Family of crash victim ‘can feel the prayers’

Pictured is the Matthews family during a prayer vigil at their home Monday night in remembrance of Jonah Matthews. 

A Waterloo family is grieving after 23-year-old man died Friday night, though community support is making the process easier.  

Jonah Matthews, a 2014 graduate of Waterloo High School, died when a train struck the tractor he was driving about 8 p.m. in the area of Fults Road at Bluff Road in rural Monroe County. 

“Matthews was driving a tractor southwest across the tracks when he was struck and killed by a southbound train,” Monroe County Coroner Bob Hill said. “The collision resulted in the derailment of numerous railcars.”

Matthews was farming when the crash occurred. 

Officials from responding agencies said the initial report is that a northbound train had just passed through the crossing when the southbound train came through. 

There are no gates at the train crossing. 

According to a Union Pacific Railroad spokesperson, the company is investigating what happened before the collision occurred. Illinois State Police is also investigating the crash.

The train crew was not injured, but three locomotives and 10 railcars carrying mixed freight were derailed. 

Some railcars were carrying hazardous materials, but they did not spill.

Matthews worked as a farmhand for Ken Hartman Jr. He was a member of First Baptist Church in Waterloo and the Monroe County Farm Bureau Young Leaders. 

While at WHS, Matthews was an FFA Star Farmer and earned a state FFA degree. 

Waterloo FFA advisors Tim McDermott and Marissa Modglin, who was a classmate of Matthews, had fond memories of him. 

“Jonah was unforgettable as a student in the agriculture program in the best possible way,” McDermott said. “Jonah was always entertaining everyone around him, and I could always count on Jonah for a smile, a laugh and to work hard while having fun.”

Jonah’s positive impact was seen Monday night when more than 100 people gathered on the Matthews family front lawn east of Waterloo for a prayer vigil. 

Thirteen prayer circles formed, with some praying out loud and others to themselves. 

As they were praying, individuals cried. When they finished, they hugged their own loved ones and shared stories about Jonah. 

After the prayer, members of the Matthews family addressed those who came to support them. 

“I look around and I see nothing but love here, and it means so much,” Debra Matthews, Jonah’s mother, said as she fought back tears. “And it honors our precious Jonah and he deserves that. We just appreciate it so much.”

Debra spoke about how her son, one of six children, lived a “well-intended, contented and satisfied” life and encouraged others to learn from him. 

“Maybe God calls people home who are more ready, and maybe Jonah was a little more ready than we were,” she added. “And that is to inspire us to get ourselves a little more ready. I invite you to do that with us, whatever that means for you.”

David Matthews, Jonah’s father, spoke next, choking back tears as he spoke glowingly about his son.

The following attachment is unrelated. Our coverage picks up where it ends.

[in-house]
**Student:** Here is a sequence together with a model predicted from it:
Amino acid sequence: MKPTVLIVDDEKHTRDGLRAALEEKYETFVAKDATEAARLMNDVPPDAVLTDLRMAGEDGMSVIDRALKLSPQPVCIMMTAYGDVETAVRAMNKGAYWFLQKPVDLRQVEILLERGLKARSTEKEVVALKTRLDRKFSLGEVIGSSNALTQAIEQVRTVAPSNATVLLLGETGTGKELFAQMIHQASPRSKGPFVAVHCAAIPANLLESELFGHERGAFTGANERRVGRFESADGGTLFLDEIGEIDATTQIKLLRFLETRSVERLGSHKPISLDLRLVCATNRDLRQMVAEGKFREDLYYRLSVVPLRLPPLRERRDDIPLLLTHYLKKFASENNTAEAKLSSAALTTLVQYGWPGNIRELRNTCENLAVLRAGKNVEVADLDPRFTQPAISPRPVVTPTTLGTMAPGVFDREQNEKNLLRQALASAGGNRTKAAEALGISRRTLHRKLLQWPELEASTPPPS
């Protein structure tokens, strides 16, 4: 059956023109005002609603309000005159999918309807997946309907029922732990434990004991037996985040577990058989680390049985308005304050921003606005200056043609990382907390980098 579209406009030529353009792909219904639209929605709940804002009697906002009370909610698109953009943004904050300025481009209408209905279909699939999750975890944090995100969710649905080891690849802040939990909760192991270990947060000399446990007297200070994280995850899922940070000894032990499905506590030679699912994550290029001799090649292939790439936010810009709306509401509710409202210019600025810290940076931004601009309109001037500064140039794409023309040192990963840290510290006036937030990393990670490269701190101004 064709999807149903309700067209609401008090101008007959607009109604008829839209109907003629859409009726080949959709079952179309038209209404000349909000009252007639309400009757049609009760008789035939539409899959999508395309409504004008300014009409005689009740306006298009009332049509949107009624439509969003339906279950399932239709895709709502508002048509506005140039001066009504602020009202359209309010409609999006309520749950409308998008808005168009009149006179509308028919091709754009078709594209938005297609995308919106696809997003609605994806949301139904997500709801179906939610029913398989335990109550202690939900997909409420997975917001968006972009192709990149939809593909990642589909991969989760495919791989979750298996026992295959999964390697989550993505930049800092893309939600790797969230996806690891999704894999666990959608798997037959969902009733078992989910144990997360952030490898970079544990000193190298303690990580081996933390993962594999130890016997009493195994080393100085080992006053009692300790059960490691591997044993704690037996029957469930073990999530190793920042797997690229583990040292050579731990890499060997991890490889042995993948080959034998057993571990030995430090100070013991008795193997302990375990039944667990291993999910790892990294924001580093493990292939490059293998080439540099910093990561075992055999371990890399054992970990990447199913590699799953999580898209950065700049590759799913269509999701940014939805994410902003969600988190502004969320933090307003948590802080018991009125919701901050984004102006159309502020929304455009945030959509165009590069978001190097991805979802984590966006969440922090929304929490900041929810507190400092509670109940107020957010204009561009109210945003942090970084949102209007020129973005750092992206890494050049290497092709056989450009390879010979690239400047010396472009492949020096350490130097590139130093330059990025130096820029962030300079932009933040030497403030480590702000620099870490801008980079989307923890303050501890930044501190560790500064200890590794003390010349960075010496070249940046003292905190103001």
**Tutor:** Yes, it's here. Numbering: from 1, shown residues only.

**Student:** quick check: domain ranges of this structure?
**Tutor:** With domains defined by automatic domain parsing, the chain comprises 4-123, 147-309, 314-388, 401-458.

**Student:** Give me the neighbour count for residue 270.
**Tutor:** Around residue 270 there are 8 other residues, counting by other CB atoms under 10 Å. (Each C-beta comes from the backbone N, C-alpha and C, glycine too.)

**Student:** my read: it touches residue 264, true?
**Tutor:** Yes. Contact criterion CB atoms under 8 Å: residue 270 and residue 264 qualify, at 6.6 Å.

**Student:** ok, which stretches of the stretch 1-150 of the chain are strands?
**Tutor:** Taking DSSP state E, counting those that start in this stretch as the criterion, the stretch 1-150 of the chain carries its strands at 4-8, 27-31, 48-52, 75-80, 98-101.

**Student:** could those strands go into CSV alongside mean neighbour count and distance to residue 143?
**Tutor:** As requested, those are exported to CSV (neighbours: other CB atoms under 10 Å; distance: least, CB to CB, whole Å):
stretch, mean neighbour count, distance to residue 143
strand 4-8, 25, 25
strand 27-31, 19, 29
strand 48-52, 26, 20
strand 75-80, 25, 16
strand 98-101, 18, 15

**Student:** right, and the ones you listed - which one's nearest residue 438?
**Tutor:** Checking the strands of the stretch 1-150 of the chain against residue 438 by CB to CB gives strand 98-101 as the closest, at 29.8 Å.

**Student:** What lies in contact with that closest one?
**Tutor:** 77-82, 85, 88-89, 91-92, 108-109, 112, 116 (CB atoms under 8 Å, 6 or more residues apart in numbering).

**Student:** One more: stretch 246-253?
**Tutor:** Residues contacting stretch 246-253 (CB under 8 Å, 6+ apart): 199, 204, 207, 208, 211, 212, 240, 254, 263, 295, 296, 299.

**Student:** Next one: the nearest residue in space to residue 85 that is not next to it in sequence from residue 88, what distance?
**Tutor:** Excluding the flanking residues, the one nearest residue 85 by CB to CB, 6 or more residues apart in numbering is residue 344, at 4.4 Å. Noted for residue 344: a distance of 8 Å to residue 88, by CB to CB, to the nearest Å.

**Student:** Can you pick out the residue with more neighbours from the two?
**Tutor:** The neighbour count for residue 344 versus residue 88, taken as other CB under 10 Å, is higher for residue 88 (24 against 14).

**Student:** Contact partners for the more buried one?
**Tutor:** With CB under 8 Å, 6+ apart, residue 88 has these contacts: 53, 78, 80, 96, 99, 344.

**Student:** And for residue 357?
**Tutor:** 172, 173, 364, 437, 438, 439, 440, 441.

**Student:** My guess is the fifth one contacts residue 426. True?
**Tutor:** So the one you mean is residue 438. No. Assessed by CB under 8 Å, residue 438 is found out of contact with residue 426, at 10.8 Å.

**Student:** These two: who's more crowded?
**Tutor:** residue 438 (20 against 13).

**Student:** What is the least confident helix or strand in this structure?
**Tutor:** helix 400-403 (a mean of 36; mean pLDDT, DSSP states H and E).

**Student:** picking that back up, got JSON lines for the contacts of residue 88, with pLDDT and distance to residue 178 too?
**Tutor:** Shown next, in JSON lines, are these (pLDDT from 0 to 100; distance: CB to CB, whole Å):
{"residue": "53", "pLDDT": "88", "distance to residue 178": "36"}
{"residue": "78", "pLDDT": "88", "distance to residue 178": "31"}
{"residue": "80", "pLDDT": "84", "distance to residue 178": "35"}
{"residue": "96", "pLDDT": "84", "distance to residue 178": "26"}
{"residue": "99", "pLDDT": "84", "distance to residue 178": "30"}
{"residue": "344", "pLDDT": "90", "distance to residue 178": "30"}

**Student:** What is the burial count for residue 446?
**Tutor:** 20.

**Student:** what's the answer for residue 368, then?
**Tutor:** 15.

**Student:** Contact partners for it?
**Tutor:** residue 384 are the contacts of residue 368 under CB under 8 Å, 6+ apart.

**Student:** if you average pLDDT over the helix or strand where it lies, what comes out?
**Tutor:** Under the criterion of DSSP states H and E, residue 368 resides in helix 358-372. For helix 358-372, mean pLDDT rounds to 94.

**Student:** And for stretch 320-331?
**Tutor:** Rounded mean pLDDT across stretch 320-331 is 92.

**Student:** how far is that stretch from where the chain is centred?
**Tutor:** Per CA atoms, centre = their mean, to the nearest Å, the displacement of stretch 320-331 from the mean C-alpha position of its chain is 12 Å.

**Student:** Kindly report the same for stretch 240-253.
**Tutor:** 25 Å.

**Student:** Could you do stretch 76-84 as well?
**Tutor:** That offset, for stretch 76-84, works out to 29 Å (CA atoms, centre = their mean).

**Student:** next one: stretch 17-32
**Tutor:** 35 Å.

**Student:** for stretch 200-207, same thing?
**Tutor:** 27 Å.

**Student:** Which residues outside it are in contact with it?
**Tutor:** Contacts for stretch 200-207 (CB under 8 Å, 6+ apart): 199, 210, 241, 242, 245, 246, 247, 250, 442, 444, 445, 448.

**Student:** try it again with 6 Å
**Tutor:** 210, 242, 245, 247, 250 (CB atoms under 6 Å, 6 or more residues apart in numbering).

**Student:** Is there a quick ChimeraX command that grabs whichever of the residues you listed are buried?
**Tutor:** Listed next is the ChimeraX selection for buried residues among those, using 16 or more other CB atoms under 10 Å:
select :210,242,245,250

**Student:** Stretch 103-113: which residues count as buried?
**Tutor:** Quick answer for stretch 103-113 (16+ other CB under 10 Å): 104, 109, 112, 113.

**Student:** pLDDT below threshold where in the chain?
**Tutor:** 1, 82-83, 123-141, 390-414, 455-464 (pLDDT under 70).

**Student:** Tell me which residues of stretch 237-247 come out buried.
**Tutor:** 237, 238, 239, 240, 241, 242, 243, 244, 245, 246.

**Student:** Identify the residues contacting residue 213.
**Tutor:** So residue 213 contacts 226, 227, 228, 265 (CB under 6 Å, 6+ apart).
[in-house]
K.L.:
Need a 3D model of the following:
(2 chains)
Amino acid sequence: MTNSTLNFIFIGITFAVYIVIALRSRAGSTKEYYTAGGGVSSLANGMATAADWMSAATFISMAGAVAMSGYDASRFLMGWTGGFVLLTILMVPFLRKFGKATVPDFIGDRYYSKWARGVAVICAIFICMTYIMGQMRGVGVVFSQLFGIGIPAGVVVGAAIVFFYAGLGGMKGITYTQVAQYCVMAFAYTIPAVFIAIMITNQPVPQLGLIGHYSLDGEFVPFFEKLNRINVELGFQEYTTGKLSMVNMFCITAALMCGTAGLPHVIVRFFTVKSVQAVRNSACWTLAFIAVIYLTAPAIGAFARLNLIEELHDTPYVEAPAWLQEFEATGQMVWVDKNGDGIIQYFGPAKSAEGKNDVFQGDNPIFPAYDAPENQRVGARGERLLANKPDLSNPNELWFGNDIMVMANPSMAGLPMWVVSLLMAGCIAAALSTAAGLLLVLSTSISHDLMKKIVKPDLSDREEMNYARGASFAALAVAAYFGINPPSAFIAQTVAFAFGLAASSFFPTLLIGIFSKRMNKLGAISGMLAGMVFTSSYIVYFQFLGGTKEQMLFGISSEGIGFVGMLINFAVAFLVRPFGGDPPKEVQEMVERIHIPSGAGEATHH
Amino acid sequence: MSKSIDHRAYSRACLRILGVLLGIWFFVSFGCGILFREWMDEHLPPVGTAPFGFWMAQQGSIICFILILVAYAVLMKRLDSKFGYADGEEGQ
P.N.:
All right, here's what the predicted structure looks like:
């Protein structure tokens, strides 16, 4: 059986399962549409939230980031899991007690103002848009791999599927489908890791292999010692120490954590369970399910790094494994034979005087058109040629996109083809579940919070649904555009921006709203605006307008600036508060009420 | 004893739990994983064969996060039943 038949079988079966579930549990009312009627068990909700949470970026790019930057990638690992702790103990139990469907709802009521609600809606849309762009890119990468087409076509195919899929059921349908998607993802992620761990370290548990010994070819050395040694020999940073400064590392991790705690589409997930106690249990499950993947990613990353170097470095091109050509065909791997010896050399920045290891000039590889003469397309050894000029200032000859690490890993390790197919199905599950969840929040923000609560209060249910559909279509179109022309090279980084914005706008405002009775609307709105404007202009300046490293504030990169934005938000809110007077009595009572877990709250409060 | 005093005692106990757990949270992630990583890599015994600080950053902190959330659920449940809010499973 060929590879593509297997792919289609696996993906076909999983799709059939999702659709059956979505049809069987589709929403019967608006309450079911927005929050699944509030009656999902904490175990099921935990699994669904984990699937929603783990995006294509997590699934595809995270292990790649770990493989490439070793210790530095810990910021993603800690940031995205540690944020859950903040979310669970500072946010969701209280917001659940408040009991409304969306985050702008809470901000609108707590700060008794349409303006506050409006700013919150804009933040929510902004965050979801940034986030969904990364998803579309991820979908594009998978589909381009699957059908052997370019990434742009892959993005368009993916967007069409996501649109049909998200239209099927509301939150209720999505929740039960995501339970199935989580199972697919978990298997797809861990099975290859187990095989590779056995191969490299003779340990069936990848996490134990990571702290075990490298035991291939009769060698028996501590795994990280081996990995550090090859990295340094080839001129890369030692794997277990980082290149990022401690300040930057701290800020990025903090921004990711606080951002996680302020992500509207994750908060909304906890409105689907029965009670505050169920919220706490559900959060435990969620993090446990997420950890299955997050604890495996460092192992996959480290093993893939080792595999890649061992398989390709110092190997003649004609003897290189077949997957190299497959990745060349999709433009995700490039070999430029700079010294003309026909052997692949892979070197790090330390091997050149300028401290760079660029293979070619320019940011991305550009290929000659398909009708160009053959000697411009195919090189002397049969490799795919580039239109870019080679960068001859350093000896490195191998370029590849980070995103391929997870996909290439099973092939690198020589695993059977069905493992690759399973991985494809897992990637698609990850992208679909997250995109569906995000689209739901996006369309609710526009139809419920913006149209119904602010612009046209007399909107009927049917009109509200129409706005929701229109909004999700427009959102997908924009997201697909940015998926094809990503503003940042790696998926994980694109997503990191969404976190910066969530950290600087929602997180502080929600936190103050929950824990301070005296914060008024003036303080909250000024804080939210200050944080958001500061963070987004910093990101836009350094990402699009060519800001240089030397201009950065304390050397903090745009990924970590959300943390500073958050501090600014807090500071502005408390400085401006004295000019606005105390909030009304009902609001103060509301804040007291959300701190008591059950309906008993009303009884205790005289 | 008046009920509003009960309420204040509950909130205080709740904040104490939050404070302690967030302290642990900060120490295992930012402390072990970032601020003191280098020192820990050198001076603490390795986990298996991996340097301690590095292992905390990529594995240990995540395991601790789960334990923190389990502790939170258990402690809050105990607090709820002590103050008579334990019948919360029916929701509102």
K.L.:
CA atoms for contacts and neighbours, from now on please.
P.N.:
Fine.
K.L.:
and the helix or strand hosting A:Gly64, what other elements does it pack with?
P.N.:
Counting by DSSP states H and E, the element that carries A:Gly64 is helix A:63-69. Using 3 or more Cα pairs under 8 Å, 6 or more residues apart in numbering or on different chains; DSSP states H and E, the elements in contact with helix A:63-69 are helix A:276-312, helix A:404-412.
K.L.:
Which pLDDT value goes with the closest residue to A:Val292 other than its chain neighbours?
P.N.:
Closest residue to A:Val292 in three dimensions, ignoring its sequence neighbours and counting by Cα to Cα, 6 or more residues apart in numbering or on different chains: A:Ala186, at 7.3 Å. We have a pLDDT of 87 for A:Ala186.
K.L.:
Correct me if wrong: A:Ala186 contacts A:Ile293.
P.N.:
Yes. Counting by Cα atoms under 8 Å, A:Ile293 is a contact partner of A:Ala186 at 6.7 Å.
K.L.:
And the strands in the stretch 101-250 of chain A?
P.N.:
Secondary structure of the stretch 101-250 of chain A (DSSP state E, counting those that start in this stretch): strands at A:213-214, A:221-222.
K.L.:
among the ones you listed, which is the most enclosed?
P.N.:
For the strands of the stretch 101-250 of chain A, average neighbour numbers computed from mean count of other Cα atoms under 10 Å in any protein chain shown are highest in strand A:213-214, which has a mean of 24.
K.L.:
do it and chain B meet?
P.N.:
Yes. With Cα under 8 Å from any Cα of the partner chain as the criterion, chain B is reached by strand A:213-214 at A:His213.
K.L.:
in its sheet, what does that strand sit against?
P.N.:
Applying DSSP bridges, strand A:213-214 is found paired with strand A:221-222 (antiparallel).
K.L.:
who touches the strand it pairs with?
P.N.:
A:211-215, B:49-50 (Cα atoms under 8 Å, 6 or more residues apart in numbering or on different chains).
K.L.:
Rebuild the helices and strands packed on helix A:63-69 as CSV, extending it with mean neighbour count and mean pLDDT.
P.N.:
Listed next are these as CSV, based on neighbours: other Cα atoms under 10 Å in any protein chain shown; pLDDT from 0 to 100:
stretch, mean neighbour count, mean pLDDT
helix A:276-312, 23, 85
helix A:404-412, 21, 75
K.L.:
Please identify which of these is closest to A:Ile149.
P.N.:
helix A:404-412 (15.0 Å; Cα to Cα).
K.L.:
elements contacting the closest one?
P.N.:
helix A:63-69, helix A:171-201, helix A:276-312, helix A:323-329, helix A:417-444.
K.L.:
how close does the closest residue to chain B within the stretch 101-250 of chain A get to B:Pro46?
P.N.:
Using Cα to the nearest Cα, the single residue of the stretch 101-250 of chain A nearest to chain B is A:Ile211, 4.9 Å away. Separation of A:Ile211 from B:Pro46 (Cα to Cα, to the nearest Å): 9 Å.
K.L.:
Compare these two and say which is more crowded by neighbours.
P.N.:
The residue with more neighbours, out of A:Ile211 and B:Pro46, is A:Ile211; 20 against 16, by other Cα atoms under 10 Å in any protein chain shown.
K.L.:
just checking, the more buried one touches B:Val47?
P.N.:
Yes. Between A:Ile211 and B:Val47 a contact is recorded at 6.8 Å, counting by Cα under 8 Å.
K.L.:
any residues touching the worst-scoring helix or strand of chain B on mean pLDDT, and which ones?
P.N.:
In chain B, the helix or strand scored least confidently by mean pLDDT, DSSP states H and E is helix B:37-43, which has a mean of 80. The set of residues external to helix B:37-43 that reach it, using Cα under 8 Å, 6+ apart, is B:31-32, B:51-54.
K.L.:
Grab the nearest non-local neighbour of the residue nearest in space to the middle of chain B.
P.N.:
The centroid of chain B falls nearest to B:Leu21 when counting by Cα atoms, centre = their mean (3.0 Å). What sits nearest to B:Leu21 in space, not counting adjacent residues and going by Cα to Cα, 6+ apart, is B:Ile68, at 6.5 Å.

David went on to say that while the family does not know why Jonah died, they do know one important fact.   

“We love Jonah very much and Jonah loved us very much, and we can’t ask for anymore,” he said. “By what we’ve seen in the community just in three days, Jonah was well-loved. We appreciate that. We will never be able to repay or thank the community for everything that is going on. We can feel the prayers. It’s unbelievable.”

David said the family will continue needing support in the form of prayers and fellowship. 

“I’m not the kind of person that asks for help much, but I’ve had to ask for a lot this week, and I know that there’ll be more of that because most things I can handle, but I can’t handle this by myself,” David said. “Luckily, I have a wonderful family, but they’re suffering too.”

The final member of the family who spoke was Jordan, one of Jonah’s older brothers. 

He shared how a friend of his from the Marines who nearly died while serving encouraged him by saying the family will be reunited in heaven. 

“That brought a lot of security to me because I know that man would never lie to me,” Jordan said. “It’s real.”

Jordan then told another story about how Jonah had recently called him three times, but he did not answer.

When Jordan called him back, he found out Jonah just wanted to spend time with him. The two exchanged some brotherly banter. 

“When I got off the phone with him, there was a sense of pride that came over me because he thought I was cool,” Jordan said, weeping openly as many in the crowd did the same. “But, in reality, he was the coolest. He was cooler than me. I just felt so honored that my little brother wanted to hang out with me. I never told him that I loved him, but he knew. He knew.” 

In addition to his parents and Jordan (and Jordan’s wife Brook), Jonah is survived by brothers Joshua (Jamie) Matthews, Jacob (Kristen) Matthews, Jeremiah Matthews and Jesse Matthews, plus numerous other relatives and friends.

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James Moss

James is an alumni of Southern Illinois University Edwardsville where he graduated summa cum laude with degrees in mass communications and applied communications studies. While in school, he interned at two newspapers and worked at a local grocery store to pay for his education. When not working for the Republic-Times, he enjoys watching movies, reading, playing video games and spending time with his friends.
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